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Complex Regional Pain Syndrome is indeed complex and painful

Injuries to the hands or feet sometimes lead to ongoing symptoms long after the underlying injury. The person may experience burning pain, swelling or discoloration in the extremity. The affected area may become extremely sensitive to touch or any movement.

The medical term is complex regional pain syndrome, or CRPS. It is also known as reflex sympathetic dystrophy (RSD) or causalgia. CRPS is a real medical condition. The pain can be disabling. Early diagnosis and treatment is important to alleviating the symptoms and reducing the duration.

Symptoms of complex regional pain syndrome (CRPS)

Complex regional pain syndrome is a condition characterized by various symptoms following a triggering event. The event could be an accident or surgery, especially involving damage to the peripheral nerves. CRPS/RSD is also associated with heart disease and stroke, carpal tunnel syndrome, degenerative arthritis, shingles, breast cancer and certain medications.

The mechanism of complex regional pain syndrome (reflex sympathetic dystrophy) is not well understood, but it is believed to be tied to irritation or over-stimulus of nerve tissues in blood vessels and the skin. The range of symptoms includes burning sensation, flushing or blanching, local swelling, and pain or tenderness in the affected region. As it progresses, CRPS can cause serious and painful changes to surrounding tissues, including bone.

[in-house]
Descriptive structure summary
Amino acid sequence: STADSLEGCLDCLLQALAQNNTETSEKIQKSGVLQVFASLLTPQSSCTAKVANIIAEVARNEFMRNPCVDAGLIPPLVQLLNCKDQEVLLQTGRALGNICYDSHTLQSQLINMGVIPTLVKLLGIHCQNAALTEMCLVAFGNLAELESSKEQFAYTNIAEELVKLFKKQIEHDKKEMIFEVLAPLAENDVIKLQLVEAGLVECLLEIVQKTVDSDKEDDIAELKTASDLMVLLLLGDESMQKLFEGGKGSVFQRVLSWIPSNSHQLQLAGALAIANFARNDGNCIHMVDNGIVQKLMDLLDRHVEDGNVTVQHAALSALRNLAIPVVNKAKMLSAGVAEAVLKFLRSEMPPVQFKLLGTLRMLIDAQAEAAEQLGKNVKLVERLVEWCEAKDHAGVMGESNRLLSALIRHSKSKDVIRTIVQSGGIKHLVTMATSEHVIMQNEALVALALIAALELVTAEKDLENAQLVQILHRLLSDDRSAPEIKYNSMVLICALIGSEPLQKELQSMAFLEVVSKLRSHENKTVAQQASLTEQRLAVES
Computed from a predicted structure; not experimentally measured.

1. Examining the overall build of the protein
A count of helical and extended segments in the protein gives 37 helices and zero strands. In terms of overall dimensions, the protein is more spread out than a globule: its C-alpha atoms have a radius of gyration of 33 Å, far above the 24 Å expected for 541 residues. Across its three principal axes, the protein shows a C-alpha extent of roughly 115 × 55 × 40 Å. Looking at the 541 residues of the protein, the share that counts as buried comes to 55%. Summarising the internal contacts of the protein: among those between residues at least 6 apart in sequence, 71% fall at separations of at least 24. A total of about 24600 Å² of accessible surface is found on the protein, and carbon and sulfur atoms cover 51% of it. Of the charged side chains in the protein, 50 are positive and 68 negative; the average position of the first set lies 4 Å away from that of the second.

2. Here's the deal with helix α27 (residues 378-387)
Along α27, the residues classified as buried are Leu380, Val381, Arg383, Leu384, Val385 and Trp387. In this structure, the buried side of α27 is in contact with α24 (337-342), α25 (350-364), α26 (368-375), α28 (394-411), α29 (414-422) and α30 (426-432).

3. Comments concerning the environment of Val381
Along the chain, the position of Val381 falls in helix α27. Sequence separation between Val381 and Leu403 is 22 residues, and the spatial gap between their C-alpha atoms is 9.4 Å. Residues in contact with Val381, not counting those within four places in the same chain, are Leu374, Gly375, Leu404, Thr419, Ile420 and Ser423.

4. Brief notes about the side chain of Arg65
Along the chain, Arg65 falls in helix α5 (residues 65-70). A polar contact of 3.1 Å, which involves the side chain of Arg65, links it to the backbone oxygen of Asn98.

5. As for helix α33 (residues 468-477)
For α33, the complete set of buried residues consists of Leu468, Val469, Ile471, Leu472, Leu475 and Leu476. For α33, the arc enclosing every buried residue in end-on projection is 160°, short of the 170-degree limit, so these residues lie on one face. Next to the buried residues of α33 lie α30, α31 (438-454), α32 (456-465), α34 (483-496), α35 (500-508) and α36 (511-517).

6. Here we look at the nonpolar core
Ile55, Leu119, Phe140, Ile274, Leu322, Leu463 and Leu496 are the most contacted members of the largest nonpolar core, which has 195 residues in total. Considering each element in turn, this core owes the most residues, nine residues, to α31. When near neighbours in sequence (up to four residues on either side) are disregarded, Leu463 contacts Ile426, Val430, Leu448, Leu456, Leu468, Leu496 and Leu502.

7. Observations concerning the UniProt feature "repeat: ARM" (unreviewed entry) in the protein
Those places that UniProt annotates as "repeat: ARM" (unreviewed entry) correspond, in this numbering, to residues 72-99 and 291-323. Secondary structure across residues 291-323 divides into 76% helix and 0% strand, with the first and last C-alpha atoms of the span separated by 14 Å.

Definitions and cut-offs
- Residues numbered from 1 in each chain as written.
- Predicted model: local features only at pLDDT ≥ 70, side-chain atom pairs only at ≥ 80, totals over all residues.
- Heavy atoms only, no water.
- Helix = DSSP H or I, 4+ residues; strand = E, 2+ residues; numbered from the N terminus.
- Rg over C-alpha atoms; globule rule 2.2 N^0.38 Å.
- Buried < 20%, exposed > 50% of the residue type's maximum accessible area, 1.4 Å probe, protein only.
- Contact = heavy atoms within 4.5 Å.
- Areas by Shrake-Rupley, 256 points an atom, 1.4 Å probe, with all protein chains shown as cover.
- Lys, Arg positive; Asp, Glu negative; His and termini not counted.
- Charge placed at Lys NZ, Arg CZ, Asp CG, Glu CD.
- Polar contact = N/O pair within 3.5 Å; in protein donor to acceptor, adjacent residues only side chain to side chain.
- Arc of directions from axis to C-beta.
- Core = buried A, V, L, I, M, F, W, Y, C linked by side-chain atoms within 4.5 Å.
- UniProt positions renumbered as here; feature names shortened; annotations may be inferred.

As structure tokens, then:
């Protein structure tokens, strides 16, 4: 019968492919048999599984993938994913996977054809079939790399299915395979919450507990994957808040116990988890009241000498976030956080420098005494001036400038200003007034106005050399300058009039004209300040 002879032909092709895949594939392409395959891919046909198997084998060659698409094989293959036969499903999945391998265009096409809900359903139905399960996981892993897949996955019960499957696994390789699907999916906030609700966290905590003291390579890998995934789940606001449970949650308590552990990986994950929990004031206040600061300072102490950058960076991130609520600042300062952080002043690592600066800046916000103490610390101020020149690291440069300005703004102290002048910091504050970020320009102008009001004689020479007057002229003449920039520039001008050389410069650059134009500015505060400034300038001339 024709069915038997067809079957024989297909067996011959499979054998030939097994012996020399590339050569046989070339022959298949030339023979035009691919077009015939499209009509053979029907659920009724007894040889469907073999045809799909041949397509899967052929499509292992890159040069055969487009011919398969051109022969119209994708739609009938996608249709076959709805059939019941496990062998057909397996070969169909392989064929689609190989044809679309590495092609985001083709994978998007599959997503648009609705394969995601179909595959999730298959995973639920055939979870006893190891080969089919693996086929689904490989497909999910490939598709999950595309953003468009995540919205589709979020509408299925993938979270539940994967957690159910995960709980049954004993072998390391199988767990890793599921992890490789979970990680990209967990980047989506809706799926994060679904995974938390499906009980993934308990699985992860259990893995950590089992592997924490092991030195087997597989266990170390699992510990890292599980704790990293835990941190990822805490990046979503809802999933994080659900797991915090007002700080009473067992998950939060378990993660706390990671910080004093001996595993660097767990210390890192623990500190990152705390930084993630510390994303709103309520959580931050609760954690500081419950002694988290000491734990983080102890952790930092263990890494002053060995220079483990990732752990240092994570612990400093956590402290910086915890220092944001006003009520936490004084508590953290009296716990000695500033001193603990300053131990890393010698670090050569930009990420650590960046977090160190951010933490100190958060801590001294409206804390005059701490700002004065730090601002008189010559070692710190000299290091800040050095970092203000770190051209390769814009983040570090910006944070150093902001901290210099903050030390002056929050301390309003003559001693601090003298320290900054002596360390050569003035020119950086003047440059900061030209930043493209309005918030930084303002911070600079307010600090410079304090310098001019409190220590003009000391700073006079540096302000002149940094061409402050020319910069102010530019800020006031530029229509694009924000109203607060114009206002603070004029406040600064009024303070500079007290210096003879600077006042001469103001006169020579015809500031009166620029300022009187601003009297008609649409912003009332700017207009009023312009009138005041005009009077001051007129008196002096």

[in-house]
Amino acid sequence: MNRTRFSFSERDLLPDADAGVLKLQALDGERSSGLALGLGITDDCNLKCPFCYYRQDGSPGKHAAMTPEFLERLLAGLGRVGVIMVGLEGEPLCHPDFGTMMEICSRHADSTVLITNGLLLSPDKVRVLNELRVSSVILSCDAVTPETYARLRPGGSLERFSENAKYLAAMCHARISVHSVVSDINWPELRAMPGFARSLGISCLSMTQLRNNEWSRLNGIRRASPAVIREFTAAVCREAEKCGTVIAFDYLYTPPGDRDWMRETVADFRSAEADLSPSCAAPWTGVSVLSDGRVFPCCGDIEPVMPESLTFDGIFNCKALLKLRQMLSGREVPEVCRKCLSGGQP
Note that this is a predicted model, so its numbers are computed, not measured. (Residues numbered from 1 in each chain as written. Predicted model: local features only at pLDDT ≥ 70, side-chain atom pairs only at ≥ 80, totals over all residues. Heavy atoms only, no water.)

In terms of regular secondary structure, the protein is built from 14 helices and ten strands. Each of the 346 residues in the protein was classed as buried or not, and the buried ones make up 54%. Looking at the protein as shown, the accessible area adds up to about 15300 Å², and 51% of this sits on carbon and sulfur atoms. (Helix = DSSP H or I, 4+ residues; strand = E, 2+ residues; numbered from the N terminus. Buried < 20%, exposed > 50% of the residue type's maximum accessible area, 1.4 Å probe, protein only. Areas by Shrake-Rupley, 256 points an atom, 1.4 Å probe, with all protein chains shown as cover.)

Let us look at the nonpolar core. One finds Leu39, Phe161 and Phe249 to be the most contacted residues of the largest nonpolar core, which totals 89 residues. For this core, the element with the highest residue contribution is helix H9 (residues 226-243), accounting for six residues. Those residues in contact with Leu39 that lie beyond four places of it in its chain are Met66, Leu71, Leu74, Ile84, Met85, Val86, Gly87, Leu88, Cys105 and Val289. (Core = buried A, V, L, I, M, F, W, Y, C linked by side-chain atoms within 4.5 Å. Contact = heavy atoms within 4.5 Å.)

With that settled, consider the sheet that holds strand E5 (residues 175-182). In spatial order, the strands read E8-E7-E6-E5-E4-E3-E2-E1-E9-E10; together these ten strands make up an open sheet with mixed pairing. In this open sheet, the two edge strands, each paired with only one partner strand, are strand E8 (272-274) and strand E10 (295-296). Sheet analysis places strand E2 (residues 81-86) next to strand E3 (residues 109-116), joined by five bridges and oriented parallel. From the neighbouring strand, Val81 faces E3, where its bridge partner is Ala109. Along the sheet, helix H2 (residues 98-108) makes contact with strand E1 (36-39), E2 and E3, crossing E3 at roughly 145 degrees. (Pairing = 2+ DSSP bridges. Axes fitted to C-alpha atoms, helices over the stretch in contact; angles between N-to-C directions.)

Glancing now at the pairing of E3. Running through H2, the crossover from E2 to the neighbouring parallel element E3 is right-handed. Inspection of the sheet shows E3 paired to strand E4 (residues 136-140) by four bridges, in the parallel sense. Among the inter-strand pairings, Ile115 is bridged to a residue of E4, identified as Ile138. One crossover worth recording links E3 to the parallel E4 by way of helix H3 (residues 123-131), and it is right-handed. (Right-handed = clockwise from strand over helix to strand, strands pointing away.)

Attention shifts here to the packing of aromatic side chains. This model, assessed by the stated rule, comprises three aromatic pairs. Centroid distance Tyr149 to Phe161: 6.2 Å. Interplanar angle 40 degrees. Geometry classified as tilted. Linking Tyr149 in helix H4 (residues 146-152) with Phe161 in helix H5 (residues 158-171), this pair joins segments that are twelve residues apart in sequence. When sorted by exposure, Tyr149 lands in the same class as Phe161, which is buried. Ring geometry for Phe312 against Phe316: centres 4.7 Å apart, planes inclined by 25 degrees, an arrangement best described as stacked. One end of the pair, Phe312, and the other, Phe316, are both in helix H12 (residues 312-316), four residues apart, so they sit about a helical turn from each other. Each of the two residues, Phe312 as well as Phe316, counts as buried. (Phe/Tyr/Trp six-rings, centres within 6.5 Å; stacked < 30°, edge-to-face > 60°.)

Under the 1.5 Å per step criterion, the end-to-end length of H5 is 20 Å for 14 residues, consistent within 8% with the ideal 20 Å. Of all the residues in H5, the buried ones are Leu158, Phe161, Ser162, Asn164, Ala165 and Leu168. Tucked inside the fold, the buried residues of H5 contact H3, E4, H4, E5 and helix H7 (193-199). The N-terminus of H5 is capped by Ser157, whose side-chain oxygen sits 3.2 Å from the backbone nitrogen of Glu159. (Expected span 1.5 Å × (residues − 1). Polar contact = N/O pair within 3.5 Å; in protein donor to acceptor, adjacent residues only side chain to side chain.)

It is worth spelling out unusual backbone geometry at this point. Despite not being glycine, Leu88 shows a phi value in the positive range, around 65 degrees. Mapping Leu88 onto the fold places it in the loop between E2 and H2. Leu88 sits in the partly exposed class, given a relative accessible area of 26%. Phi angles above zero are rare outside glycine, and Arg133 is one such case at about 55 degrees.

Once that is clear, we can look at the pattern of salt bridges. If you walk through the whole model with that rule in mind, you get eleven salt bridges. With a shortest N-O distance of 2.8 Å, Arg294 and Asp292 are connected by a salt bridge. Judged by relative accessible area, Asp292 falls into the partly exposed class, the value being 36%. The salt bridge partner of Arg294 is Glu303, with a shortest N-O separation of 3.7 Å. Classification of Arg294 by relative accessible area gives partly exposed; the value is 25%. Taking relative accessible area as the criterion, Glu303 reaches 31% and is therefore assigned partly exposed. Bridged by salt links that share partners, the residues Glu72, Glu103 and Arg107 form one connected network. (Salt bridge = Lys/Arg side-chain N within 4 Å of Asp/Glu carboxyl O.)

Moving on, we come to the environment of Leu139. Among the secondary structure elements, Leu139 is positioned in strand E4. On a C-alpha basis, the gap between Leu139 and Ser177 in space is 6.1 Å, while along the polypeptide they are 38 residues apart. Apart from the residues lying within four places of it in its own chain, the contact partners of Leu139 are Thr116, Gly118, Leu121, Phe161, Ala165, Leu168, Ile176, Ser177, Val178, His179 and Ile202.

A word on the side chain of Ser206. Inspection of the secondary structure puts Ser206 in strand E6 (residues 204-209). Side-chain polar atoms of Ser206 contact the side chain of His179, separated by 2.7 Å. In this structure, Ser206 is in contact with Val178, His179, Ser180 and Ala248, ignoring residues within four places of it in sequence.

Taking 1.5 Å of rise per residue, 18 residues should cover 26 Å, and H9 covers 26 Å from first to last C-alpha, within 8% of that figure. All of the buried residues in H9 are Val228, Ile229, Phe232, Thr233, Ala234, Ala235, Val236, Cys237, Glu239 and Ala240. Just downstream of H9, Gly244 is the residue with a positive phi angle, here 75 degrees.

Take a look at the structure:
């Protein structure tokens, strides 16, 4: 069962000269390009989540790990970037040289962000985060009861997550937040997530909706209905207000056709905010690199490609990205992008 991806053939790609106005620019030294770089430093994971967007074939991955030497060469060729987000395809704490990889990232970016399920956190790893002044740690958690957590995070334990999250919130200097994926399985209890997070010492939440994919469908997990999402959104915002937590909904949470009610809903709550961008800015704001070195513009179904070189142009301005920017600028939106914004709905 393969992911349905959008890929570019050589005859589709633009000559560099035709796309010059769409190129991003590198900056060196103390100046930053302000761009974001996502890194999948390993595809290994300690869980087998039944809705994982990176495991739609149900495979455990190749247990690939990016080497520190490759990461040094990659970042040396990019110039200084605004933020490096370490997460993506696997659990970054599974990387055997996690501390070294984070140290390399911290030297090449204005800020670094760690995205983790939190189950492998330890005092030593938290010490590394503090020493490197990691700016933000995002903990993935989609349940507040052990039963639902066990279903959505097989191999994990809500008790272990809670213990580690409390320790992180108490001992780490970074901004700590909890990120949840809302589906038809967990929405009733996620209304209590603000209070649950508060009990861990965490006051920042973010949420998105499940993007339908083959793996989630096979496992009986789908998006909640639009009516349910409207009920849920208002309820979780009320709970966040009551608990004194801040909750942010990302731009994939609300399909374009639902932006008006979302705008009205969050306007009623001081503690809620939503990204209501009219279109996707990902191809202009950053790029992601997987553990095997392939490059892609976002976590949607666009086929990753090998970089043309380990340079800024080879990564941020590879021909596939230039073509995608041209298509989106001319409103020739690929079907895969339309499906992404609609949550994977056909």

Three distinct stages of CRPS (RSD)

  • The acute stage typically lasts three to six months. The symptoms are most severe during this period. Common symptoms are swelling, stiffness, burning pain, hot or cold skin, and sweating in the vicinity of the wound.

  • The dystrophic stage can last another three to six month. Typically there is less flushing or swelling, but the skin may change in appearance (shiny or discolored) and patients may struggle with persistent pain.

  • The atrophic stage can last for months or years, or end abruptly. Some patients experience a loss of motion or loss of function in the affected area, or tremors or spasms. The fatty layers under the skin may thin, and loss of bone mass (osteoporosis) may occur.

Diagnosis and treatment of complex regional pain syndrome

Diagnosing CRPS/RSD is tricky because the symptoms vary widely from one person to the next. Diagnostics may include X-rays and other radiology, sweat testing, or electrodiagnostic nerve testing, in conjunction with clinical examination by a physician.

Depending on the stage and severity of symptoms, treatment may include cold compresses, exercise/physical therapy, anti-inflammatory medications, pain medications (other than opioids), injected nerve blocks, or surgical treatments to disrupt the nerves or insert pain medication pumps. The goal is to reduce the pain and minimize loss of functionality in the affected limbs or skin.

If complex regional pain syndrome develops in the aftermath of a work accident or personal injury such as a car accident, there may be legal remedies to help with the extensive medical bills, lost time from work, and ongoing disabilities, pain and suffering. Talk to a lawyer who is familiar with the legal and medical issues with a diagnosis of CRPS/RSD.

Source: MayoClinic.org, MedicineNet.com

 

 

 

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